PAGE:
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Home > Monetary Policy > Monthly Report of Recent Economic and Financial Developments 1998 > Monthly Report of Recent Economic and Financial Developments (April 1998) (The Bank's View )
(English translation prepared by the Bank staff based on the Japanese original)
April 13, 1998
Bank of Japan
Japan's economy remains stagnant reflecting weak domestic demand, such as household expenditures. In addition, corporate sentiment has been deteriorating across industries, indicating strong downward pressures on economic activities.
With respect to final demand, growth in net exports, which had been underpinning the economy, has slowed and business fixed investment seems to have started declining. Private consumption has continued to stagnate despite the implementation of the special tax-cut measures. Housing investment has also continued to be weak and public-sector investment is on a decreasing trend. Against the background of significant accumulation of inventories reflecting weak final demand, industrial production has continued to decline. Consequently, negative impacts on corporate profits as well as on employment and income conditions have been intensifying, and are leading to a further deterioration of domestic demand.
As regards the outlook for the economy, growth in net exports is unlikely to be strong enough to prevent the deterioration of the economy, partly reflecting further adjustments in other Asian economies. Business fixed investment will continue to decrease due mainly to the decline in corporate profits and is likely to enter an adjustment phase. With regard to private consumption, distinctive recovery can not be expected against the background of the weakening of income formation, although consumer confidence may cease to wane. Downward pressures on economic activities, particularly on production, are likely to continue to be strong for the time being, because the level of inventories is high and a conspicuous recovery in domestic private demand is unlikely. However, following the implementation of measures to stabilize the financial system and the special tax-cut measures, additional economic stimulus package is now being discussed. The details of the package and their effects on corporate and household confidence should be carefully monitored.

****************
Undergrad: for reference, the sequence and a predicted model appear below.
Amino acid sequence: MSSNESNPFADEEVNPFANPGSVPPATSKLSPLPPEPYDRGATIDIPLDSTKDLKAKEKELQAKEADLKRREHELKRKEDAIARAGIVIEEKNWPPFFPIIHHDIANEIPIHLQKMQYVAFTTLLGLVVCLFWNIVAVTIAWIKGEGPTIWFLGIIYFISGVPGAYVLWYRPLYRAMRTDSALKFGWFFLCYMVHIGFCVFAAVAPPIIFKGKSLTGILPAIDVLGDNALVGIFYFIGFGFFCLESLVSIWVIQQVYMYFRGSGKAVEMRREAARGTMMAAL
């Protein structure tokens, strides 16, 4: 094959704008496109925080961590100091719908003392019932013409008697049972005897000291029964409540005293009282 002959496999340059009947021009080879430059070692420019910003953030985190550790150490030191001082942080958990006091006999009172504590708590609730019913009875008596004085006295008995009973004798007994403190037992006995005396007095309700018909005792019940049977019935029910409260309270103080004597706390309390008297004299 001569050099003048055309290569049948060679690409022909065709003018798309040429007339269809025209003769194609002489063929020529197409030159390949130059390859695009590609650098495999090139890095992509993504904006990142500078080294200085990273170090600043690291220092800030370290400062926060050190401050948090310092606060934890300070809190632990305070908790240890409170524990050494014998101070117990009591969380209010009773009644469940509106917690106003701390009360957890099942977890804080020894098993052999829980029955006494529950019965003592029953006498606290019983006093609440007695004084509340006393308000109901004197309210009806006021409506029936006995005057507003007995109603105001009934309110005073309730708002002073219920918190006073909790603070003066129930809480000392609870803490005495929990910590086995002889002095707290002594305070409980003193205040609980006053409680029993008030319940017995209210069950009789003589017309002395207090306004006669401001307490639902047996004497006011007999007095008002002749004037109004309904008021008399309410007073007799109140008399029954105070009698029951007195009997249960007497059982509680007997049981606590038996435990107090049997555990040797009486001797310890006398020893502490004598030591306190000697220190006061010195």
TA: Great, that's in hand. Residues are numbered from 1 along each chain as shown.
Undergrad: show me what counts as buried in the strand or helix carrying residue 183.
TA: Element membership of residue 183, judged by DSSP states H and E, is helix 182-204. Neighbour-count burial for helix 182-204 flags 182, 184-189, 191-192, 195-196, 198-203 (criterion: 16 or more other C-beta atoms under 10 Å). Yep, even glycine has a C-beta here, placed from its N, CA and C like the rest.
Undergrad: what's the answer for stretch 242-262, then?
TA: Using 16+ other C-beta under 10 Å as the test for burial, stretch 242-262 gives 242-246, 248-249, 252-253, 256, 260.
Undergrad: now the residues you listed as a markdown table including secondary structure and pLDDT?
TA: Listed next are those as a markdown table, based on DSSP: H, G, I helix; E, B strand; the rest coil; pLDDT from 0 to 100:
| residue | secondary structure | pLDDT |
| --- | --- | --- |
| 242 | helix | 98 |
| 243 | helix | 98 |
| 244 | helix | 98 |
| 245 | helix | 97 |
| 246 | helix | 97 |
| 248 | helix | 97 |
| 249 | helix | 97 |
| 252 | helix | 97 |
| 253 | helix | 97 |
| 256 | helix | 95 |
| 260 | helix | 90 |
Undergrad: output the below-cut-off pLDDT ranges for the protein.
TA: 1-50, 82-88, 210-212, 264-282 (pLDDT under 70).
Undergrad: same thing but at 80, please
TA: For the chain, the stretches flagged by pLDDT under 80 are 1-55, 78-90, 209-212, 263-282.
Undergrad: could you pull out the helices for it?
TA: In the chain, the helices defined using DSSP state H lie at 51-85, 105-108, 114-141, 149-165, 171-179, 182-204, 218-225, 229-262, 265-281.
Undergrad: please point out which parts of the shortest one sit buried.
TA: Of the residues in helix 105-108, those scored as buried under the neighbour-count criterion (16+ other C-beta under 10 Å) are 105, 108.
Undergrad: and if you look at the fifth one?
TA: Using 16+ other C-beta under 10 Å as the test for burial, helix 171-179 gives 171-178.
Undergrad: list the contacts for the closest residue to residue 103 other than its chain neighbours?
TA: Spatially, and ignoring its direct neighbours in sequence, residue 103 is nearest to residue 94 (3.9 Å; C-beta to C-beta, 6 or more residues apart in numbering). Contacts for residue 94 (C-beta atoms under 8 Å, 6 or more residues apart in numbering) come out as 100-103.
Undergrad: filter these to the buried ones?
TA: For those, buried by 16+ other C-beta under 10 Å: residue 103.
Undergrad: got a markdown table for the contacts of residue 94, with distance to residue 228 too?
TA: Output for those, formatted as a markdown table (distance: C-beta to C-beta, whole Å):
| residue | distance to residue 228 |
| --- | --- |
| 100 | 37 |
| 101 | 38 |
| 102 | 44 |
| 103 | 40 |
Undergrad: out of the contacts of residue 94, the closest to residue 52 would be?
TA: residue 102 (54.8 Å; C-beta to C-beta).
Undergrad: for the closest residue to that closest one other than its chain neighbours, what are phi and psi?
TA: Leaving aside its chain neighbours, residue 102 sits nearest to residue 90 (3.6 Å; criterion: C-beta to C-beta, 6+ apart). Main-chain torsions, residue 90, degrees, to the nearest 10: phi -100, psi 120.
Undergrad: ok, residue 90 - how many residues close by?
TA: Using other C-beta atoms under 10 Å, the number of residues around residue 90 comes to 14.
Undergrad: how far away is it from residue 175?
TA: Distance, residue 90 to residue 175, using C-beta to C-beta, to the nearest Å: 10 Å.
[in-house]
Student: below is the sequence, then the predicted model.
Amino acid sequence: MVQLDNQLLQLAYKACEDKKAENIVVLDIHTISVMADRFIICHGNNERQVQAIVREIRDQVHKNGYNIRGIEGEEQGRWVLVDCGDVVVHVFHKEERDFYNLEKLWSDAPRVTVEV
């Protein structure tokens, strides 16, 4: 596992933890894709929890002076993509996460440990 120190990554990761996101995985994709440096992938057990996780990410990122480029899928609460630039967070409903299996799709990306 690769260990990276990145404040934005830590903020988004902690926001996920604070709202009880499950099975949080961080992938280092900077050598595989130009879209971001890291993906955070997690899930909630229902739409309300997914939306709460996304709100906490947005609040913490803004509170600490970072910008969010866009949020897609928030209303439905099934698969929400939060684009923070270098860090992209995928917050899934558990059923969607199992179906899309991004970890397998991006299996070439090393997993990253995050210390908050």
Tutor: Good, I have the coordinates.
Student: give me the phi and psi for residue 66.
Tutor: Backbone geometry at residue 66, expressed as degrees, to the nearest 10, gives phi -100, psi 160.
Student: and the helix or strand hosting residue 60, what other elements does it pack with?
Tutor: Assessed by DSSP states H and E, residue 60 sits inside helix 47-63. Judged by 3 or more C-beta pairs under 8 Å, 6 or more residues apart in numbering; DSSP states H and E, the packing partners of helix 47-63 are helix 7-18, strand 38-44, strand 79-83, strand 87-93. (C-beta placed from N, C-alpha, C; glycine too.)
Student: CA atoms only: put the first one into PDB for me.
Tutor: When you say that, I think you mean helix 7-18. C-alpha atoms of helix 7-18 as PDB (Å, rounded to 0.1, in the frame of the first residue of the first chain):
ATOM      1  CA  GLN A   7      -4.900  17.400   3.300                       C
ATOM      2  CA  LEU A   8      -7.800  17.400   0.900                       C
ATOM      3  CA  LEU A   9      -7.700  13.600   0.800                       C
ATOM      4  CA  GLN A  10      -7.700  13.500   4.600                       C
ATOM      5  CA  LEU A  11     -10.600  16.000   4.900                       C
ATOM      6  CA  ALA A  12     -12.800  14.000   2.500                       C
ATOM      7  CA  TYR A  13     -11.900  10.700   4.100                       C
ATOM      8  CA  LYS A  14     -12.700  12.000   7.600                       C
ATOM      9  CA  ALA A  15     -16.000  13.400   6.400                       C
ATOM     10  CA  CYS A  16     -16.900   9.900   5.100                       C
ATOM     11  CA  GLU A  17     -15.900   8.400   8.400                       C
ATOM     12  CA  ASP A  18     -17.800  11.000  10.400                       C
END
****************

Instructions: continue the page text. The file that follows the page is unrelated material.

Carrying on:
With regard to prices, wholesale prices have continued to decline reflecting weak supply and demand conditions of goods in domestic and overseas markets. The year-to-year increase in consumer prices (excluding the effects of institutional changes such as the rise in the consumption tax rate) has been declining close to zero . As for the future, prices overall are likely to soften reflecting the continuous expansion of the output gap in the domestic economy and the decline in overseas commodity prices. These price developments, which might have further negative impacts on corporate activities, may require close monitoring.
Financial markets have shown the following developments. In the money markets, interest rates on term instruments and the so-called"Japan premium" declined substantially from the end of February through the middle of March and have generally remained steady thereafter. This reflects the Bank of Japan's ample provision of funds through contracts that mature after the fiscal year-end as well as the progress in implementing the financial-system stabilization measures. It should be noted, however, that the levels of the above rates and premium are still high compared with those prevailing before autumn 1997, which can be attributed to the continuing cautious attitudes of market participants toward credit risk. Meanwhile, with the releases of weak economic indicators, long-term government bond yields have fluctuated in a historically low range and stock prices have been declining since the end of March.
With respect to monetary aggregates, the growth in money stock continued to be rather high in February due to the substantial shift of funds away from investment trusts. Meanwhile, private bank lending remains sluggish. However, with an increase in corporate financing via the capital market, a substantial fall in overall corporate fund-raising seems to have been avoided.
Banks remain cautious in extending loans with a view to improving their medium-term profitability and financial soundness. Fund-raising costs of firms continued to be high according to their credit standing. In such circumstances, some firms, especially small and medium-sized firms, have been facing difficult financing conditions and this effect on the economy continues to warrant a careful monitoring.